By Kim Barker
Minneapolis, Minnesota – There were two black men at the scene of the May police murder that has roiled the United States. One, George Floyd, was lying on the asphalt, with a white officer’s knee around his neck. The other black man, Alex Kueng, was a rookie police officer holding him by the back while Floyd struggled to breathe.
Floyd, whose name has been painted on murals and scrawled on protest signs, has been buried. Kueng, who faces charges of complicity in Floyd’s death, is free on bail and is harassed by strangers at the supermarket and denounced by members of his family.RELATED
Long before Kueng was arrested, he had struggled with the issue of police abuse of black people, and joined the Department in part to help protect people close to him from police assault. He argued that diversity could compel change in a long-time accused of Minneapolis Police Department.
He had seen one of his brothers arrested and, in his opinion, mistreated officers of the Sheriff. He had defended his decision to join the police force, saying he believed it was the best way to repair a broken system. He had disagreed with friends about whether public demonstrations could actually improve things.
“He was saying, ‘Don’t you think that needs to be done from the inside?'” Recalled his mother, Joni Kueng, who he said after seeing protesters block a highway years ago. “That is part of the reason he wanted to become a police officer – and a black officer on top of everything else – to bridge that gap in the community and change the narrative between officers and the black community.”
Derek Chauvin, the officer who put his knee on Floyd’s neck for eight minutes and 46 seconds, has been more widely associated with the case. He faces charges of second-degree murder and second-degree wrongful death; Kueng and two other former officers were charged with complicity in the murder. At 26, Kueng was the youngest and least experienced officer on the scene, only on his third shift as a fully empowered officer.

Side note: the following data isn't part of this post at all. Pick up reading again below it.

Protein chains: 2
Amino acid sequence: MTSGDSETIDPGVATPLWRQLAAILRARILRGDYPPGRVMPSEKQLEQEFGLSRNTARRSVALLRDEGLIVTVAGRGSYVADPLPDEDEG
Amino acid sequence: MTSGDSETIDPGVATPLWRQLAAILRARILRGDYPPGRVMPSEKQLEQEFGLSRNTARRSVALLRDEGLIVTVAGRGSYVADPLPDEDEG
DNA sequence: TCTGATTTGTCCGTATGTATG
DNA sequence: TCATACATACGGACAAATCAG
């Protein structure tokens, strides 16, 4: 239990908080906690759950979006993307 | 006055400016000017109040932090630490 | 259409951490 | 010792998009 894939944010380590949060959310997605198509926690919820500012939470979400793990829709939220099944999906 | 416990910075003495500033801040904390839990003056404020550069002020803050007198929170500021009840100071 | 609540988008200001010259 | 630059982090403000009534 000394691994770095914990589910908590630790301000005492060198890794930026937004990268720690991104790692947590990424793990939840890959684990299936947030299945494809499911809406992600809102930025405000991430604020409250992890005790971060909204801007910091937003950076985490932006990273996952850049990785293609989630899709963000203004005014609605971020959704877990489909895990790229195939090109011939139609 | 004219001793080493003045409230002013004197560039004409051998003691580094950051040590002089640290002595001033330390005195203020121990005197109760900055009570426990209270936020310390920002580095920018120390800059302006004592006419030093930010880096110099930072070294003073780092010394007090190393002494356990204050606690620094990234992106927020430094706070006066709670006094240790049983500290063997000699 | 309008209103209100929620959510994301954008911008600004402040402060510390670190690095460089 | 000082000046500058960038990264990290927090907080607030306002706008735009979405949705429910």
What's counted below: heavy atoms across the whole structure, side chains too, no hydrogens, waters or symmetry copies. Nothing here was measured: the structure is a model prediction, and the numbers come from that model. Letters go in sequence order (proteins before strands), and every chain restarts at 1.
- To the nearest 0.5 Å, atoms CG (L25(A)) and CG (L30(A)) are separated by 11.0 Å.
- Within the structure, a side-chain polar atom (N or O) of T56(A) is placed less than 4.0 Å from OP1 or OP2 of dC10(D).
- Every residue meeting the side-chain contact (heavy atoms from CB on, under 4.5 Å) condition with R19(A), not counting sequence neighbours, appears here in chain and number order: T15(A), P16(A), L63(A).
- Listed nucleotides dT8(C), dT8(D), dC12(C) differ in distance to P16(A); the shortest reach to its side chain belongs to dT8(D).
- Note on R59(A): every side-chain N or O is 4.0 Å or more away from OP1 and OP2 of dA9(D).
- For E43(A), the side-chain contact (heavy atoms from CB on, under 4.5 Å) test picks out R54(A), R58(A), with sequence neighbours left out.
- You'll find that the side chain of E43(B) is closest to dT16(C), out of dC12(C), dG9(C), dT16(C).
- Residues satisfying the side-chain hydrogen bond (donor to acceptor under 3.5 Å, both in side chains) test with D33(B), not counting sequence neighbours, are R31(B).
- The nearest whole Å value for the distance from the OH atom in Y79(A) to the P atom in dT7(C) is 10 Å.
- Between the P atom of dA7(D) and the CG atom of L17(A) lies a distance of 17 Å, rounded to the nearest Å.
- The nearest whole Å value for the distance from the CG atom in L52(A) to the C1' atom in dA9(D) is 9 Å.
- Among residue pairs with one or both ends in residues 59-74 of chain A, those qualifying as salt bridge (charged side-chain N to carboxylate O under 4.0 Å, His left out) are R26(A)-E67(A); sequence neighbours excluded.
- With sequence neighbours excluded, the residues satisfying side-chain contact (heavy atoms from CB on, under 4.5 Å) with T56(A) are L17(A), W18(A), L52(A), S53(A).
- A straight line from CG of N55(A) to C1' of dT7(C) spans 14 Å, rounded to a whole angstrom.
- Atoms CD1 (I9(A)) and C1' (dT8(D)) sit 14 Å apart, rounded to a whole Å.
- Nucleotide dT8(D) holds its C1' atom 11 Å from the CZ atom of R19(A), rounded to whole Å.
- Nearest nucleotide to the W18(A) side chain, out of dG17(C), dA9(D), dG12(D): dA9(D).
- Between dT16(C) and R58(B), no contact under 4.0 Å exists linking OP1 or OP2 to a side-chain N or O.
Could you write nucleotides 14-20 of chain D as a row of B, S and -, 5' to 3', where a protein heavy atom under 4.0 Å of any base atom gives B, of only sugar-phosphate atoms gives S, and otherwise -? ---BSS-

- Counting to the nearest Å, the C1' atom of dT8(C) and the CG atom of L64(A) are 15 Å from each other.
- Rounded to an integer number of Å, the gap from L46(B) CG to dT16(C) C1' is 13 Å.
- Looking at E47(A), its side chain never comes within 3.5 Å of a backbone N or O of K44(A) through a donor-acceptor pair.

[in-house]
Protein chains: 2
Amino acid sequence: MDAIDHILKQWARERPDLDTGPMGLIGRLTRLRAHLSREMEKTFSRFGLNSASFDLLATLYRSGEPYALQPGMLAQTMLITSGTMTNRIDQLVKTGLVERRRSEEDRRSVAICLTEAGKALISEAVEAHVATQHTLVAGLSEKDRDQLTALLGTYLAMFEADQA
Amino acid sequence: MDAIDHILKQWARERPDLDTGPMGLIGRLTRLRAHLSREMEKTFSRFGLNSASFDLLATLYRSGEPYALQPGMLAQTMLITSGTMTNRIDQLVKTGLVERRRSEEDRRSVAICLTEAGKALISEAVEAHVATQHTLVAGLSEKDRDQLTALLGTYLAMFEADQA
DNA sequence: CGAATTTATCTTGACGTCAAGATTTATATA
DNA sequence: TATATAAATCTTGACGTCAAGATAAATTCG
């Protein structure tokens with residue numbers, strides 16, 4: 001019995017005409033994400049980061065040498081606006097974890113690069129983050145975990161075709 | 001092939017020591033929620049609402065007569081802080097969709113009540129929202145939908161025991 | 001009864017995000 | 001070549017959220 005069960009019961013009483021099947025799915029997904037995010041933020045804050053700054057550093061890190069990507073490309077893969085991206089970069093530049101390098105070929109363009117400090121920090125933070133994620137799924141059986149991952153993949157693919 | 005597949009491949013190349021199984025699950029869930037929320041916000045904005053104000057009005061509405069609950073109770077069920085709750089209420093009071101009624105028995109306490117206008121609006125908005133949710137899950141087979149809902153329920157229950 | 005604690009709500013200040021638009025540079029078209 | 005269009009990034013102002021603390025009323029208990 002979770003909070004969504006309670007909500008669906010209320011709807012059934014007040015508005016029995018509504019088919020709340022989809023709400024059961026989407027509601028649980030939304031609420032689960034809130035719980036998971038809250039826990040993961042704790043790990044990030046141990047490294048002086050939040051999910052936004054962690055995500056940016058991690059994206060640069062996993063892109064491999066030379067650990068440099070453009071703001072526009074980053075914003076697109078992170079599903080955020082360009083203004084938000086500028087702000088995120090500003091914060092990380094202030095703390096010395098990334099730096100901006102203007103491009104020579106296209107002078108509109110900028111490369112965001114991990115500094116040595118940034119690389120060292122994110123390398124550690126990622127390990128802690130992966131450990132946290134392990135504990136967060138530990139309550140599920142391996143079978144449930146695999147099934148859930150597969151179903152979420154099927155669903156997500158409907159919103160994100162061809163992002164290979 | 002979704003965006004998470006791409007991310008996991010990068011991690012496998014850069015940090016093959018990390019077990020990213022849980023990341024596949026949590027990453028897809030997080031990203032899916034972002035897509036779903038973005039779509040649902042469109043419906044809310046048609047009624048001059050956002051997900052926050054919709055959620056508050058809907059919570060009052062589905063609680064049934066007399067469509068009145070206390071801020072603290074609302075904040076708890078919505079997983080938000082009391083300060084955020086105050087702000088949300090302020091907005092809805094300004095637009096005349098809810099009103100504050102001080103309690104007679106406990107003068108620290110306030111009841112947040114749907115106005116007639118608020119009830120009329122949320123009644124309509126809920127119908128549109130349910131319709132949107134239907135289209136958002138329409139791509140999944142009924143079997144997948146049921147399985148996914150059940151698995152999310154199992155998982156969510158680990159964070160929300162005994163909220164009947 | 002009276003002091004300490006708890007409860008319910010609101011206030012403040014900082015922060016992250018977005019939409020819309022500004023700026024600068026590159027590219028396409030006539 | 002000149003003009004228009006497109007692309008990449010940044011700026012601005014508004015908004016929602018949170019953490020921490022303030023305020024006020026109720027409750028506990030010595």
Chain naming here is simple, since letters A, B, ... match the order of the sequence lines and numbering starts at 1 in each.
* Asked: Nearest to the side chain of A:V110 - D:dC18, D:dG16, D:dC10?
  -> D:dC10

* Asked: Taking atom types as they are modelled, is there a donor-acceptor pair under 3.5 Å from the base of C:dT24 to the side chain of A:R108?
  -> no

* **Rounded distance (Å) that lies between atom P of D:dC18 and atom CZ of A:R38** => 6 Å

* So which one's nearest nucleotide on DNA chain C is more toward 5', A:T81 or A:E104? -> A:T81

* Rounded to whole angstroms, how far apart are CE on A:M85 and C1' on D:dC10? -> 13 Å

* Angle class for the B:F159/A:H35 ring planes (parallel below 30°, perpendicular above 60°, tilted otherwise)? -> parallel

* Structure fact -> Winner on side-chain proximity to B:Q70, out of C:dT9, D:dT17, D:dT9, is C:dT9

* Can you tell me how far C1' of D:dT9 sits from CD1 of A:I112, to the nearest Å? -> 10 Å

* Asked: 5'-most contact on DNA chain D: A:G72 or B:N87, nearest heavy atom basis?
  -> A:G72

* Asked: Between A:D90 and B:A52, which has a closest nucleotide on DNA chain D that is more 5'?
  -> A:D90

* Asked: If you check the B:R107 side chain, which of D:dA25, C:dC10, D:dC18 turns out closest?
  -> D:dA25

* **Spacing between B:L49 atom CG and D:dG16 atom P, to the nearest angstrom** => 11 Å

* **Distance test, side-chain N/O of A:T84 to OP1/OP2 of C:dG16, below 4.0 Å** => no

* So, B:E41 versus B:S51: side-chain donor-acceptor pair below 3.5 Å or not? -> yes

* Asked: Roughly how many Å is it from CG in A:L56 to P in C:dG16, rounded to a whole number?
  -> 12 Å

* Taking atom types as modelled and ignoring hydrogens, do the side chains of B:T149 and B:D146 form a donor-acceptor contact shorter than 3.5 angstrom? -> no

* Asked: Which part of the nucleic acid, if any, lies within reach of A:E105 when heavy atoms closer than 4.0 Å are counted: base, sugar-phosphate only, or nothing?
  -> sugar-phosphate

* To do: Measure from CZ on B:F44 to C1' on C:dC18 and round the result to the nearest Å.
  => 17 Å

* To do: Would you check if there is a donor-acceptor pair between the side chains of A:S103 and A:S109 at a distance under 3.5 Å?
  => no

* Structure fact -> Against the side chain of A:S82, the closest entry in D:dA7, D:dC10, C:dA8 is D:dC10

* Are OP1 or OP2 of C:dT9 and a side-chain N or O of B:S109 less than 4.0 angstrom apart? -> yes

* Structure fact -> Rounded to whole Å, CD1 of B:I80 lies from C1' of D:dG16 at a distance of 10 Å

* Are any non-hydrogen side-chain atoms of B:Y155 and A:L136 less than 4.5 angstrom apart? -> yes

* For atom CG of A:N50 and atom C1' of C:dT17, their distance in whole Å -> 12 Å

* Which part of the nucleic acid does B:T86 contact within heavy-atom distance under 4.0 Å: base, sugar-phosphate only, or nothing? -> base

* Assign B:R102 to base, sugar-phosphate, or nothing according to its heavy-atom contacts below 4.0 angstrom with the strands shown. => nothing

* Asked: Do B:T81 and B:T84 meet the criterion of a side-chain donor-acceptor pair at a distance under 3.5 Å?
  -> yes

The arrest of Kueng, whose mother is white and whose father was from Nigeria, has generated anguish for his friends and family.
Two of his brothers, Taylor and Radiance, both African-American, called for the arrest of the four officers, including his brother.
Throughout his life, Kueng oscillated between two worlds, black and white. He was raised by his mother, with whom he lived until last year. Her father was absent. As a child, he sometimes asked for brothers.
Joni Kueng, who lived in north Minneapolis, registered with an African American adoption agency. When Alex was 5 years old, Joni brought home a baby that had been abandoned in a hospital. Alex soon asked for a sister; Radiance came when he was 11 years old. Taylor and a younger brother arrived in 2009, when Alex was about 16.
Kueng taught math classes in the schools his children attended, where the students were often mostly Hmong, African American, and Latino. His classmates described Alex Kueng as everyone’s friend, an expert in juggling a soccer ball and a defender against bullies.
Darrow Jones, a black man, said he met Kueng on the playground at age six. When Jones’s mother died in 2008, Joni Kueng provided her with accommodation for periods of up to a month.
Alex Kueng believed he had the ability to bridge the gap between the black and white worlds, Jones said. Kueng’s decision to become a police officer caused a breakup in the friendship. After Kueng became a cadet, Jones went from seeing him twice a month to maybe three times a year. In December, Kueng graduated from the police academy.
For most of his field training, Chauvin, with 19 years in his position, was his training officer. Chauvin lengthened Kueng’s instructional period, feeling he was meeting too often with another student, Thomas Lane, when answering calls, rather than handling them unaided, Kueng said. But on May 22, Kueng officially became one of about 80 black officers in a police force of nearly 900.
On May 25, Kueng and Lane, assigned as a couple despite the fact that they were both both fresh out graduates, were the first officers to answer a call to report a fake $ 20 bill used at a local store. They found Floyd outside in a car.
After they failed to place Floyd in the back of a patrol, Chauvin and Tou Thao, another officer, arrived on the scene.
As Chauvin dug his knee into Floyd’s nape, Kueng was holding Floyd from behind, according to prosecutors.
Chauvin kept his knee there as Floyd repeated “I can’t breathe,” “Mom,” and “Please.” Kueng did nothing to intervene, prosecutors say. After Floyd stopped moving, Kueng checked Floyd’s pulse. “I couldn’t find it,” Kueng told the other officers.
All four officers have been fired and face 40 years in prison. Kueng, who was released on bail on June 19, declined to be interviewed.
A day after Floyd’s death, Jones learned that Kueng was one of the officers who had been present. “I am very sad and very disappointed,” Jones said. “Many of us believe that he should have intervened and should have done something.
“It is very difficult. Because I have those feelings and I will not deny it. But even though I feel sad about what happened, he still has my unwavering support. Because we grew up together and I want it, “added Jones.
Eric Killelea contributed reporting to this article.